Effective Listening – Sets You Apart from the Rest
Effective listening is a skill which can be considered to be more valuable than gold.
Effective listening is an integral part of communication. At a stretch, you can say that a good listener is far more rare than a great speaker but a good speaker who is a good listener is a great leader.
To quote, “Most of the successful people I’ve known are the ones who do more listening than talking” – Bernard M Baruch (FYI – Bernard Baruch [1870-1965] was a businessman, philanthropist, statesmen and adviser to American presidents Woodrow Wilson and Franklin D Roosevelt on economic matters)
Third century Greek biographer, Diogenes Laertius said,”We have two ears and only one tongue in order that we may hear more and speak less”.
So how do we go about doing just that?
Here are some tips on effective listening, but before I get into that, I would just like to make a point that ‘hearing’ is NOT the same as ‘listening’.
“There’s a lot of difference between listening and hearing” – G K Chesterton, Writer.
Hearing is done with just our ears. Listening sometimes involves all our 5 senses, even our sense of smell! Think about it….if someone says that they are fine, and their clothes are burnt and ragged, your sense of hearing will hear their words; the sense of sight will tell you that they probably are not fine, given the state they are in; the sense of smell and touch will tell you that they may have had an incident involving a fire; I’m sure you don’t want to test your sense of taste, in any case!
Now, back to those tips:
1) At all times, maintain eye contact with the person speaking. This shows attentiveness and respect for the person speaking. It also allows you to watch for non-verbal clues to what is being left unsaid.
2) Be present in the moment. Pay attention to the person speaking. Don’t let your mind wander but stay focused on what is being said.
3) Be non-judgemental. Don’t entertain disparaging thoughts about the speaker or what they are speaking about. Don’t criticise or interrupt the speaker. Hand in hand with this, don’t jump to conclusions before the person is done speaking.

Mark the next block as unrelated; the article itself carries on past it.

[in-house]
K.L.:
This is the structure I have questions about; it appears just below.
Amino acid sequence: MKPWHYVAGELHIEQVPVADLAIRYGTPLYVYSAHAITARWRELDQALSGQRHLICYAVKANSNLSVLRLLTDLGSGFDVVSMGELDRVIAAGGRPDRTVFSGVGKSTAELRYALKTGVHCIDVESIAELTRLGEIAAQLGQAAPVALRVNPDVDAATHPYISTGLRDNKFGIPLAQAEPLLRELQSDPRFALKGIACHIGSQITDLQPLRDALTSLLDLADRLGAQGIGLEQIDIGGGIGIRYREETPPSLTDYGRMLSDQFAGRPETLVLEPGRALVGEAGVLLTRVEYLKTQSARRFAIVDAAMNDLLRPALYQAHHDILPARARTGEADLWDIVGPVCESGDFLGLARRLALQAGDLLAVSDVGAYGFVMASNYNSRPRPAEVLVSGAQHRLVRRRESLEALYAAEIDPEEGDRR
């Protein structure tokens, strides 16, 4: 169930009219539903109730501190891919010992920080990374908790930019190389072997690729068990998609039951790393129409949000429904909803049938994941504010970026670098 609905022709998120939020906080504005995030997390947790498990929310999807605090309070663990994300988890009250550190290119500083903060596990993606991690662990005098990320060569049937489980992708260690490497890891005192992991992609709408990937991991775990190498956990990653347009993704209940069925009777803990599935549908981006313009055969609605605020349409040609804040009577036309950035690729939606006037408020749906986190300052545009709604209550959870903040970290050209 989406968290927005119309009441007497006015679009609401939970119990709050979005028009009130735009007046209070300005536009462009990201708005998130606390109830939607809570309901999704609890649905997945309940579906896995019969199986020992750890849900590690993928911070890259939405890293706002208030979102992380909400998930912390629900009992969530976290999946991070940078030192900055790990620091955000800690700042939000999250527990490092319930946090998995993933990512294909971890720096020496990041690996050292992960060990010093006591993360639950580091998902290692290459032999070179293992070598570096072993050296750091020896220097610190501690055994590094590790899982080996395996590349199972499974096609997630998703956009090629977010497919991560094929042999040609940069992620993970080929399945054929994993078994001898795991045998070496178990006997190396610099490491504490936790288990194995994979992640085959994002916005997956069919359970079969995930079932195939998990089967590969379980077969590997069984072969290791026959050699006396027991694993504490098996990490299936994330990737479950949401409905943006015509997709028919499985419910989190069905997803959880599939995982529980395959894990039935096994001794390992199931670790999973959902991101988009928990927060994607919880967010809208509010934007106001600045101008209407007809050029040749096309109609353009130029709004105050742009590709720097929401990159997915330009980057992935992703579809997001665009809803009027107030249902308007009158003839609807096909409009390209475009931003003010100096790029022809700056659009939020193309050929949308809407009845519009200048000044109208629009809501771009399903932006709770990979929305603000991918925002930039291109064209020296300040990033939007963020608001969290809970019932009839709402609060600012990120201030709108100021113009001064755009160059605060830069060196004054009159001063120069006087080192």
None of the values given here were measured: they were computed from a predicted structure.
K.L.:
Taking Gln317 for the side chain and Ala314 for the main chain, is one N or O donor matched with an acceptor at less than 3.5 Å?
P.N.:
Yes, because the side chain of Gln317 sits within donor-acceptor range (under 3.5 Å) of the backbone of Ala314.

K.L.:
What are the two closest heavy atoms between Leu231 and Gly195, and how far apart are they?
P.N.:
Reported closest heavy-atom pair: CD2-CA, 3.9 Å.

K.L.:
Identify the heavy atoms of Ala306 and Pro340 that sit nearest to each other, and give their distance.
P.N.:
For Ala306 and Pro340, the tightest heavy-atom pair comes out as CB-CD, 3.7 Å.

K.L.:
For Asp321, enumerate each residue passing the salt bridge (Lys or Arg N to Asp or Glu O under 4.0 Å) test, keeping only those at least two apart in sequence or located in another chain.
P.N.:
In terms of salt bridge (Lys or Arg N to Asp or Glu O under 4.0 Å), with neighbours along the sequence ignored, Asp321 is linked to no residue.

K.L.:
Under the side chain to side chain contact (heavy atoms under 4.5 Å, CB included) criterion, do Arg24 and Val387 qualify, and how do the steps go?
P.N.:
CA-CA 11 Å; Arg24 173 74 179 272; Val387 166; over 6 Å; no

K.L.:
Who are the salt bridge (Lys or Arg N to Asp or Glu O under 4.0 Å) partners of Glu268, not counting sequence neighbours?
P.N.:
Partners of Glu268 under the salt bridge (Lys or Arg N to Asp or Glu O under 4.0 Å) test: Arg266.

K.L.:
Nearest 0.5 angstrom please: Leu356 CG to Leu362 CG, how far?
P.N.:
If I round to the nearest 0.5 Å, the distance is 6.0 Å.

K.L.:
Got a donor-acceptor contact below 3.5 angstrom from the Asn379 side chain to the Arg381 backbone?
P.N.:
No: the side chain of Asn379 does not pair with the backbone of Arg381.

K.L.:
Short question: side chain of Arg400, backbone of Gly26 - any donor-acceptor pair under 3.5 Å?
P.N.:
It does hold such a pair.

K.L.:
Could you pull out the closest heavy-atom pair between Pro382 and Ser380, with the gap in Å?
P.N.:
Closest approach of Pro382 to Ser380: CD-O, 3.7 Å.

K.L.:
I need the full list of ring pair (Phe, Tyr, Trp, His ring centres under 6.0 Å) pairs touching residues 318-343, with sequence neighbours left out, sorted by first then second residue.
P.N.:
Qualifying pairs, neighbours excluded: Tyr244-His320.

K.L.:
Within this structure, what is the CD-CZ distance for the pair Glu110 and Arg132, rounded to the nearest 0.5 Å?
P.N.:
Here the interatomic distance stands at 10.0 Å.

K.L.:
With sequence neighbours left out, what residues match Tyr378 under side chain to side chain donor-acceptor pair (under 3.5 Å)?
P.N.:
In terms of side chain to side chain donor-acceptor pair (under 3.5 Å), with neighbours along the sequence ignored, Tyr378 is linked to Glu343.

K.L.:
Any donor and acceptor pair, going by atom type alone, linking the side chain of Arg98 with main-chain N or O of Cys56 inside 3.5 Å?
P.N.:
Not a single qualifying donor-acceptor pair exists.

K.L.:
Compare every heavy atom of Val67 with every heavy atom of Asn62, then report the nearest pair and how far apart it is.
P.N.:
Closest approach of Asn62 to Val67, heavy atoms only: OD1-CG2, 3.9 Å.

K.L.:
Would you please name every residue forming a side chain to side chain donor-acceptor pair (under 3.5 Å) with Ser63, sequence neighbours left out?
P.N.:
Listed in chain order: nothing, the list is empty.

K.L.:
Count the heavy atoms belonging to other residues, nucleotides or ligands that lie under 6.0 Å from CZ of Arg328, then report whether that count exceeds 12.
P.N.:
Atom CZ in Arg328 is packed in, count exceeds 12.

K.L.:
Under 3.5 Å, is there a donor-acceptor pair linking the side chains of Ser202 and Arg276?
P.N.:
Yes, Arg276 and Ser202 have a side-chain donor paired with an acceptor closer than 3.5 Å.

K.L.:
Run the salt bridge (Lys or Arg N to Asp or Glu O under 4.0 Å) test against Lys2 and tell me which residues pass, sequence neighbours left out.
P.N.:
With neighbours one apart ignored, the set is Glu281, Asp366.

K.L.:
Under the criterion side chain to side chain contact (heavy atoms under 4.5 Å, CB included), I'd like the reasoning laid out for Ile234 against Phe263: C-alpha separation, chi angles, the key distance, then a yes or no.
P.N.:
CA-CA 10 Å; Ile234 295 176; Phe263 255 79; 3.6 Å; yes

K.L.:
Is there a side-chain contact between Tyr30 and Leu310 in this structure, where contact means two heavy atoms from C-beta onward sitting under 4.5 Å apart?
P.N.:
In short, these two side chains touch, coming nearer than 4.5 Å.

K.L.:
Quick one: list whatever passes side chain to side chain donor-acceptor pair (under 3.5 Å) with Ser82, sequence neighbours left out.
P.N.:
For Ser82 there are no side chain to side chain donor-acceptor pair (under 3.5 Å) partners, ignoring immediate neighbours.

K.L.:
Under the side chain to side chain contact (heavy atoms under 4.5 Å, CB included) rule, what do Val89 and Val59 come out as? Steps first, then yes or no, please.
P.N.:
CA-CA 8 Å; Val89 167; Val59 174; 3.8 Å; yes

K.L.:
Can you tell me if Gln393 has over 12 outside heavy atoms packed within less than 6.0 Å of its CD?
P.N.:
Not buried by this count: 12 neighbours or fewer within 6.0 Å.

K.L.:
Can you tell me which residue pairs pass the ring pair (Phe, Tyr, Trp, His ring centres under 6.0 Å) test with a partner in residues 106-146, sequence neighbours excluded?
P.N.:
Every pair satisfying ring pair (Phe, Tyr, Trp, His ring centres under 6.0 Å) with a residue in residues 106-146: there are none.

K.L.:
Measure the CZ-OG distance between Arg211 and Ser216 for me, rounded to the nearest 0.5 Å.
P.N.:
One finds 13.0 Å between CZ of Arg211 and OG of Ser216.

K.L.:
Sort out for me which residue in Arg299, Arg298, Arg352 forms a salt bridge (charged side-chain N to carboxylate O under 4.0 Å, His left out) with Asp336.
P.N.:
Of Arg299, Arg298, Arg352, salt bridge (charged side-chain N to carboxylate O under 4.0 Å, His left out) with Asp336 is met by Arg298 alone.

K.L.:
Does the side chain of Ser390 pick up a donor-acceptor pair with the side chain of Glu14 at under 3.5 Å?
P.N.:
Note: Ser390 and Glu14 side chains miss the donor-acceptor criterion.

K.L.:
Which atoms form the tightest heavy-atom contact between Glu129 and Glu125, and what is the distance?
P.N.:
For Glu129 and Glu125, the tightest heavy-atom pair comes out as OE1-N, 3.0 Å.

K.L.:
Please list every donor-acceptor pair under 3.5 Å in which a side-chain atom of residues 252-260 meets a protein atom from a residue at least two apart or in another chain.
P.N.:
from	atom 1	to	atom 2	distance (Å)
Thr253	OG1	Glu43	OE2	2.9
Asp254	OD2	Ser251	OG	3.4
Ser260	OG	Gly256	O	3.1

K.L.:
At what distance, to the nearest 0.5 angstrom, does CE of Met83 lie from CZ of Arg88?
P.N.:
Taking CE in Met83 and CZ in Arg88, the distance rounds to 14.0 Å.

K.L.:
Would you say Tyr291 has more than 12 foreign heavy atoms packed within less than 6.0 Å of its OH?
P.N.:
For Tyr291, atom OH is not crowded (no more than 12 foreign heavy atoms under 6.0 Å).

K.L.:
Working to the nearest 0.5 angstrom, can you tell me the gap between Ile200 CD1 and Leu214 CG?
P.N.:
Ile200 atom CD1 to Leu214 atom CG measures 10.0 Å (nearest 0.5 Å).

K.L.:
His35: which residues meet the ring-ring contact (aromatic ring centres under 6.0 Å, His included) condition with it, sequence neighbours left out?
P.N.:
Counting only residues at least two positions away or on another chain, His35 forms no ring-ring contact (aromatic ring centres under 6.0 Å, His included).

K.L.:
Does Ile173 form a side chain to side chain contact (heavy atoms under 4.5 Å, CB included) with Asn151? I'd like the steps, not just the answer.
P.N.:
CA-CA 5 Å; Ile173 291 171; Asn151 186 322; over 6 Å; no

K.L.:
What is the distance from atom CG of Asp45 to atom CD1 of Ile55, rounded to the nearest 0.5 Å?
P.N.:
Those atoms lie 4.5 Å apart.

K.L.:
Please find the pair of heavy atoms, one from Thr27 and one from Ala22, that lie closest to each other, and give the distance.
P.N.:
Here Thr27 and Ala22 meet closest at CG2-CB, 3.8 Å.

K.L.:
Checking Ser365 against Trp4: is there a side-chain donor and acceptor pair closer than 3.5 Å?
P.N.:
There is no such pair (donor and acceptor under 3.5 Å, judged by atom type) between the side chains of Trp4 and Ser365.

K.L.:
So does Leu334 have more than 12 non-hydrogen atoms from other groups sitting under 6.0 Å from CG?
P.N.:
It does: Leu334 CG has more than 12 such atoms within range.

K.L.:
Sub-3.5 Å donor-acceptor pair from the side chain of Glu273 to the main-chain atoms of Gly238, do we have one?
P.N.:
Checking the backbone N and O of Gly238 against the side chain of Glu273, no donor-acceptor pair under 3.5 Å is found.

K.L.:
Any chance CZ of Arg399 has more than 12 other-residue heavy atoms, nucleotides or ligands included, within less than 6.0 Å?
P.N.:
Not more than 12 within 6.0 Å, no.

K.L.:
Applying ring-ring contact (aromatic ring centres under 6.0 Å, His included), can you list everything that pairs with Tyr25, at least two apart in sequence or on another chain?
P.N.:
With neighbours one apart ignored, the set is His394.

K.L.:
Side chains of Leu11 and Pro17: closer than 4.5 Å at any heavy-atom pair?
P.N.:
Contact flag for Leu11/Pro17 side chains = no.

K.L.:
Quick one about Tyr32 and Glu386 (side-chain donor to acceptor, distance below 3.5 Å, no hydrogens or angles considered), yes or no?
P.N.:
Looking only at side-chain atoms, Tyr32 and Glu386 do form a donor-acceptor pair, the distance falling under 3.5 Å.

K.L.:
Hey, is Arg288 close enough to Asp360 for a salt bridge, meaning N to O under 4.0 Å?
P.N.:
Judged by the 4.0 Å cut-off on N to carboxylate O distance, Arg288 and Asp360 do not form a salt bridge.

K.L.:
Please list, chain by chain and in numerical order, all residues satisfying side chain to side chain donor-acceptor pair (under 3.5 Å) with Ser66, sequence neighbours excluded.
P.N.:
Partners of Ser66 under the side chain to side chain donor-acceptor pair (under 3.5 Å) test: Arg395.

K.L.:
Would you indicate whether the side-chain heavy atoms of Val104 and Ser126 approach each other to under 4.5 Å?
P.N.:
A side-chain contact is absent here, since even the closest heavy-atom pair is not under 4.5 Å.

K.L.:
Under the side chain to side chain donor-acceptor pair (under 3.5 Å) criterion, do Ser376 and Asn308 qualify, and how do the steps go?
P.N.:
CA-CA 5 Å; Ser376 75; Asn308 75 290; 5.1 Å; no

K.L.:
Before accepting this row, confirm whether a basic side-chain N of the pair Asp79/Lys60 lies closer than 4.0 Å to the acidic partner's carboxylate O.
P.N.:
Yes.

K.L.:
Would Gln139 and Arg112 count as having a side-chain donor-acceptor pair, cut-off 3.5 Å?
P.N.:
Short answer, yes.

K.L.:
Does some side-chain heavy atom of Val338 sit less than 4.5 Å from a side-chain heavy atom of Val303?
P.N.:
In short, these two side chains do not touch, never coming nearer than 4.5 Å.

4) Listen to more than just the spoken word. This brings us back to the point about hearing vs listening. Really listen without trying to form opinions and answers before the speaker has finished. You might miss something said or unsaid. This is where we pay attention to non-verbal clues. Sometimes these tell us more than what is actually being said and leads to a deeper understanding.
5) Refrain from offering solutions unless asked. Most people don’t want advice. They’ll tell you if they did. When someone speaks to us, we are essentially sounding boards. We are helping the speaker find their own solutions or come to their own conclusions.
6) Seek clarification or ask questions. But do it when the speaker pauses or asks you if you understood what he or she is saying. Again, avoid interruptions.
7) As my kids sing the refrain from a popular cartoon,” EMPATHY, EMPATHY, put yourself in place of me!” I think that sums it up nicely, don’t you? Empathise, and try to feel what the speaker is feeling. It will help you understand what the person is trying to say.
8) Appropriate feedback at appropriate times. While listening attentively, make appropriate comments like “Oh dear!”, appropriate noises like “hmmm hmm” and ask the right questions at the right times. This will help the speaker evaluate whether you understand what they are saying and also tells them that you are listening.
The bottom line is….. respect, respect, respect! If we respect the person speaking, then we will show that respect by listening effectively.
Here’s a quote to round this off:
“The most basic of all human needs is the need to understand and be understood. The best way to understand people is to listen to them” – Ralph G Nichols, Listening Legend.
“It takes a great man to be a good listener” – Calvin Coolidge, 30th President of USA.
“The art of conversation is the art of hearing as well as of being heard” – William Hazlitt, Writer.
“An appreciative listener is always stimulating” – Agatha Christie, Writer.